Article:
Today, the US health regulators announced the approval of Epidiolex — the first prescription drug made from marijuana. This marks a turning point in American federal law with relation to the substance which currently remains illegal (despite growing legality for recreational and medical use at State level). Across the US, cannabis legality varies state by state. Epidiolex marks the first acceptable cannabis medication approved by the Food and Drug Administration.
Epidiolex is used to treat two rare forms of epilepsy that presents itself in childhood. The strawberry-flavored syrup is a purified form of CBD which is extracted from the cannabis plant. CBD has been known to ease the symptoms of seizures, though the medical reasoning for this is still uncertain.
The medicine is essentially a pharmaceutical-grade version of CBD oil, which is already used by many parents to treat epilepsy in children. CBD derived from hemp seed is legal across the entire US and is bought widely to help stave off symptoms of various conditions. However, CBD is also one of the many chemicals found in marijuana and CBD from these sources has been illegal.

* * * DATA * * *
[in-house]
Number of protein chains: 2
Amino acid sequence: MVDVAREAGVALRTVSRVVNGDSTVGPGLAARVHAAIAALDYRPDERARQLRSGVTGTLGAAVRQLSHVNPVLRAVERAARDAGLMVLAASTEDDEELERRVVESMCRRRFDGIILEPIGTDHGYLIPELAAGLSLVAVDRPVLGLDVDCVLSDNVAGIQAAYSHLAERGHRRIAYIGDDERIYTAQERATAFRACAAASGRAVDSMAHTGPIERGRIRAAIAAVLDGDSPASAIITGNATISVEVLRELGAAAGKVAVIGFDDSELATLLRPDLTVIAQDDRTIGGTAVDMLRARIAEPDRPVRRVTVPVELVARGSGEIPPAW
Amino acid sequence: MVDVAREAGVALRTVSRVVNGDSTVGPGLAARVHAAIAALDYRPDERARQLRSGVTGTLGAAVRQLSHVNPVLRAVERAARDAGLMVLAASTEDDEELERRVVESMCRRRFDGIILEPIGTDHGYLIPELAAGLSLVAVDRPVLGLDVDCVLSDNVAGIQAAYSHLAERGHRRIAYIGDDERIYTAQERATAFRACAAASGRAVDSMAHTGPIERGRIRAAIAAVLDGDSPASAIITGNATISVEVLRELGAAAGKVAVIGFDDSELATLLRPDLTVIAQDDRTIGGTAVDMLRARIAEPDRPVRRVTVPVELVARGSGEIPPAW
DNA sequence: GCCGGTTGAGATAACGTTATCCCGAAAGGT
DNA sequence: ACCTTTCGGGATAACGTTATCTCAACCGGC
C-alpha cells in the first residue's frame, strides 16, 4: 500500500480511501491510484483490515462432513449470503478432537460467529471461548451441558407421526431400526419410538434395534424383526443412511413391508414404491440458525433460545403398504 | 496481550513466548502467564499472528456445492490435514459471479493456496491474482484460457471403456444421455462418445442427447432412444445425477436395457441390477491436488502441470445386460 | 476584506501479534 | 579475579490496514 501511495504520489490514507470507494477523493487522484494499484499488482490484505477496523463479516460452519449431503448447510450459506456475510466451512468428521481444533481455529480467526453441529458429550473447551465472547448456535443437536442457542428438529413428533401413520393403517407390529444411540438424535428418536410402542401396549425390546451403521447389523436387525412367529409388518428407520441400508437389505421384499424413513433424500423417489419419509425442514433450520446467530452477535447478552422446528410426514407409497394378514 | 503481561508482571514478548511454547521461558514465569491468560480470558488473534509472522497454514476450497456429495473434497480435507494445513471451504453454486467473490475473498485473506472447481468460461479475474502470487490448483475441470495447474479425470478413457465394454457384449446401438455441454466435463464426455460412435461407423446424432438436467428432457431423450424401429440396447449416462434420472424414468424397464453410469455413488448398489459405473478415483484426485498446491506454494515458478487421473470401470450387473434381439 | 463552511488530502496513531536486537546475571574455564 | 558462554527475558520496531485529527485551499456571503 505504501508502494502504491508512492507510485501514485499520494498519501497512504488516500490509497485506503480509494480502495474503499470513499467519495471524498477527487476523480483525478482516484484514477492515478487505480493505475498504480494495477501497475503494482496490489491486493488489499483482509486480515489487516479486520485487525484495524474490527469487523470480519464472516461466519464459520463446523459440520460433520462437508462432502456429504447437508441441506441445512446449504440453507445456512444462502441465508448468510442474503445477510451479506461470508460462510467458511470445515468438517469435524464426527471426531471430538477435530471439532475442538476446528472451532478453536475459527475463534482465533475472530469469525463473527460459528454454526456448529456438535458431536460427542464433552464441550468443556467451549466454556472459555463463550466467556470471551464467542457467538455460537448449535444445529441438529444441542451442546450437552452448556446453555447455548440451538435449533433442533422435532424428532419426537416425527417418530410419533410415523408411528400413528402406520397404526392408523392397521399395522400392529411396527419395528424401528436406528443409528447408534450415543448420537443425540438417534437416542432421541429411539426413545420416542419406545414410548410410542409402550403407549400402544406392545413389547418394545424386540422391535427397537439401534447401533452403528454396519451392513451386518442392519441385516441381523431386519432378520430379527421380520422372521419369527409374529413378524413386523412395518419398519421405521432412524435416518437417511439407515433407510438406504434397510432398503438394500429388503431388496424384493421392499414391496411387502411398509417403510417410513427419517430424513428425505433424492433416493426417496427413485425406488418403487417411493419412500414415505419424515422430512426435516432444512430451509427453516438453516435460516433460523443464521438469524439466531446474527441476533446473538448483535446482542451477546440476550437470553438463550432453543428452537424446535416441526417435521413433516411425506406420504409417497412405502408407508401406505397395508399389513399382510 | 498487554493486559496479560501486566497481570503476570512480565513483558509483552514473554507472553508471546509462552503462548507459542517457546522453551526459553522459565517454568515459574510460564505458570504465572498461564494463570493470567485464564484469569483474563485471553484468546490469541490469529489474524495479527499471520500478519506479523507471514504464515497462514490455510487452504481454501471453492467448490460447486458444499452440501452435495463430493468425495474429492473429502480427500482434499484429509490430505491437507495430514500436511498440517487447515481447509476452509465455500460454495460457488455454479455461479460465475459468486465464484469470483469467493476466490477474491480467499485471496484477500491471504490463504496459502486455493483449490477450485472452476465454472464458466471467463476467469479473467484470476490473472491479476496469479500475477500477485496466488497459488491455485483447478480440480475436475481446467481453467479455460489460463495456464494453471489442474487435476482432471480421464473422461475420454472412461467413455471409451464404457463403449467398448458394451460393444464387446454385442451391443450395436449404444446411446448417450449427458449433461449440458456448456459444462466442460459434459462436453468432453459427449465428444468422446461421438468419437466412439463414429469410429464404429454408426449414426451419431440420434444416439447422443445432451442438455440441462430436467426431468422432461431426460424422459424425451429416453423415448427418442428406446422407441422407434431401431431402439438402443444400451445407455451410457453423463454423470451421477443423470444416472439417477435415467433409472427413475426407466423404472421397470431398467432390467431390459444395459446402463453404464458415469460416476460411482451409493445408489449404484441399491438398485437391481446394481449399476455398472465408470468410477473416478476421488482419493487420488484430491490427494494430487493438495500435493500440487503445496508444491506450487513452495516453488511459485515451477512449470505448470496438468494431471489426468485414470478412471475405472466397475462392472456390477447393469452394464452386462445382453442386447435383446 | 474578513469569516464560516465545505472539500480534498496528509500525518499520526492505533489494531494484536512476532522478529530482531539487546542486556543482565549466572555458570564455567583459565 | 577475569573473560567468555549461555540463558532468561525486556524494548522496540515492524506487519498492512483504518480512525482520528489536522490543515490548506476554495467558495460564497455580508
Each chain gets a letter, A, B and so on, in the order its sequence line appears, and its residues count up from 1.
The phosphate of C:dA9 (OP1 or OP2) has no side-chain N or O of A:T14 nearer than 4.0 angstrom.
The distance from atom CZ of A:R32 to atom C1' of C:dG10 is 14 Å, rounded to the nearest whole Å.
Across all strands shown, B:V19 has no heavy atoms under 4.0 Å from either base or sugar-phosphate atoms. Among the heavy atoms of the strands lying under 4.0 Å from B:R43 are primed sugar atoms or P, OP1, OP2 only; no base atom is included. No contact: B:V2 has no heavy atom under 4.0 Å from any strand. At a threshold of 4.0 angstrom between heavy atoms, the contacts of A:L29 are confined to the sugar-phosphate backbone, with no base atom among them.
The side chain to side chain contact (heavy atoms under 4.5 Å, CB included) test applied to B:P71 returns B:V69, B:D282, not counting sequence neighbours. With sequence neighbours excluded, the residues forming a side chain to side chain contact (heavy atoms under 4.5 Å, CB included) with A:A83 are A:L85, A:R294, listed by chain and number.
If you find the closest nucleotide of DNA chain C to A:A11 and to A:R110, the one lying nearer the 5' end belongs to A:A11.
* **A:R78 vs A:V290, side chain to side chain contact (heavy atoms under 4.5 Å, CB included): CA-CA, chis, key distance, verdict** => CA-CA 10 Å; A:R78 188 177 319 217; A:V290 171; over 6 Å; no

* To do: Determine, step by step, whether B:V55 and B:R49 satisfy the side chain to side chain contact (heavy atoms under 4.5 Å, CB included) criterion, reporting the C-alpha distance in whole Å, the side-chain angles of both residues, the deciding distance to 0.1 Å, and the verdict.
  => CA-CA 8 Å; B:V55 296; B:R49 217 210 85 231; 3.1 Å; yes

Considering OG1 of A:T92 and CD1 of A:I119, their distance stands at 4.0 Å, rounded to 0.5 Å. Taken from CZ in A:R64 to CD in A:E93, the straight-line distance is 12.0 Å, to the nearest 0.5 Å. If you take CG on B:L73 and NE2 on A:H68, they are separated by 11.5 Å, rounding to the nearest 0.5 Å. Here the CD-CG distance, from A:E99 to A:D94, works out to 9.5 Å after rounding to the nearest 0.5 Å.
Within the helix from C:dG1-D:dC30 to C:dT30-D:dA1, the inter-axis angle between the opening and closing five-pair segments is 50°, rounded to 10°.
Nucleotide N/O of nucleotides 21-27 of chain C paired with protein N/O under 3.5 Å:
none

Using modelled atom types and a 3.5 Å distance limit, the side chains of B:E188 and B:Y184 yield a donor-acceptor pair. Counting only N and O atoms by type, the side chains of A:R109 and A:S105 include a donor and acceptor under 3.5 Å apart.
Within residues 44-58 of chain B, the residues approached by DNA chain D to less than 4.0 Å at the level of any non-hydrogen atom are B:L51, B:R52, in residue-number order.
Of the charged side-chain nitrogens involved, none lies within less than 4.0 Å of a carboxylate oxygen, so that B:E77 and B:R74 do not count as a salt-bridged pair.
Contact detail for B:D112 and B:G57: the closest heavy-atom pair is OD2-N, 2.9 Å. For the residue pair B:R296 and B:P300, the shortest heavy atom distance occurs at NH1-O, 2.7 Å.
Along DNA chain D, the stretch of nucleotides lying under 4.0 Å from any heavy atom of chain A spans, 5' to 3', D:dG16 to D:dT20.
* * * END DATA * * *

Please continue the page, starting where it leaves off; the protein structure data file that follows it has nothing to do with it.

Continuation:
This is the exciting fact about Epidiolex; it is the first legal medical-grade CBD-based treatment which has come from marijuana.
It’s important to note that CBD doesn’t contain THC, which is the mind-altering chemical which delivers the “high” of consuming or smoking cannabis.
GW Pharmaceuticals (NASDAQ:GWPH)
England-based GW Pharmaceuticals studied the effects of Epidiolex in over 500 children and adults with hard-to-treat seizures. Results concluded that when combined with other epilepsy treatments, Epidiolex was effective at reducing seizures. The pharma company has pushed for legislation in several states so as to allow the legal selling and prescribing of their drug but the price of the drug has yet to be announced. Predictions from Wall Street analysts have it potentially listed at $25,000 per annum, though, this is speculation only at this early stage.
At such a high price, one wonders will the cost deter potential users away from it.
Physicians say it’s important to have a consistent, government-regulated version; Ellaine Wirrell, director of the Mayo Clinic’s program for childhood epilepsy stated upon hearing the news:
“I’m really happy we have a product that will be much cleaner and one that I know what it is…In the artisanal products there’s often a huge variation in doses from bottle to bottle depending on where you get it.”
Epidiolex is expected to launch in the fall.
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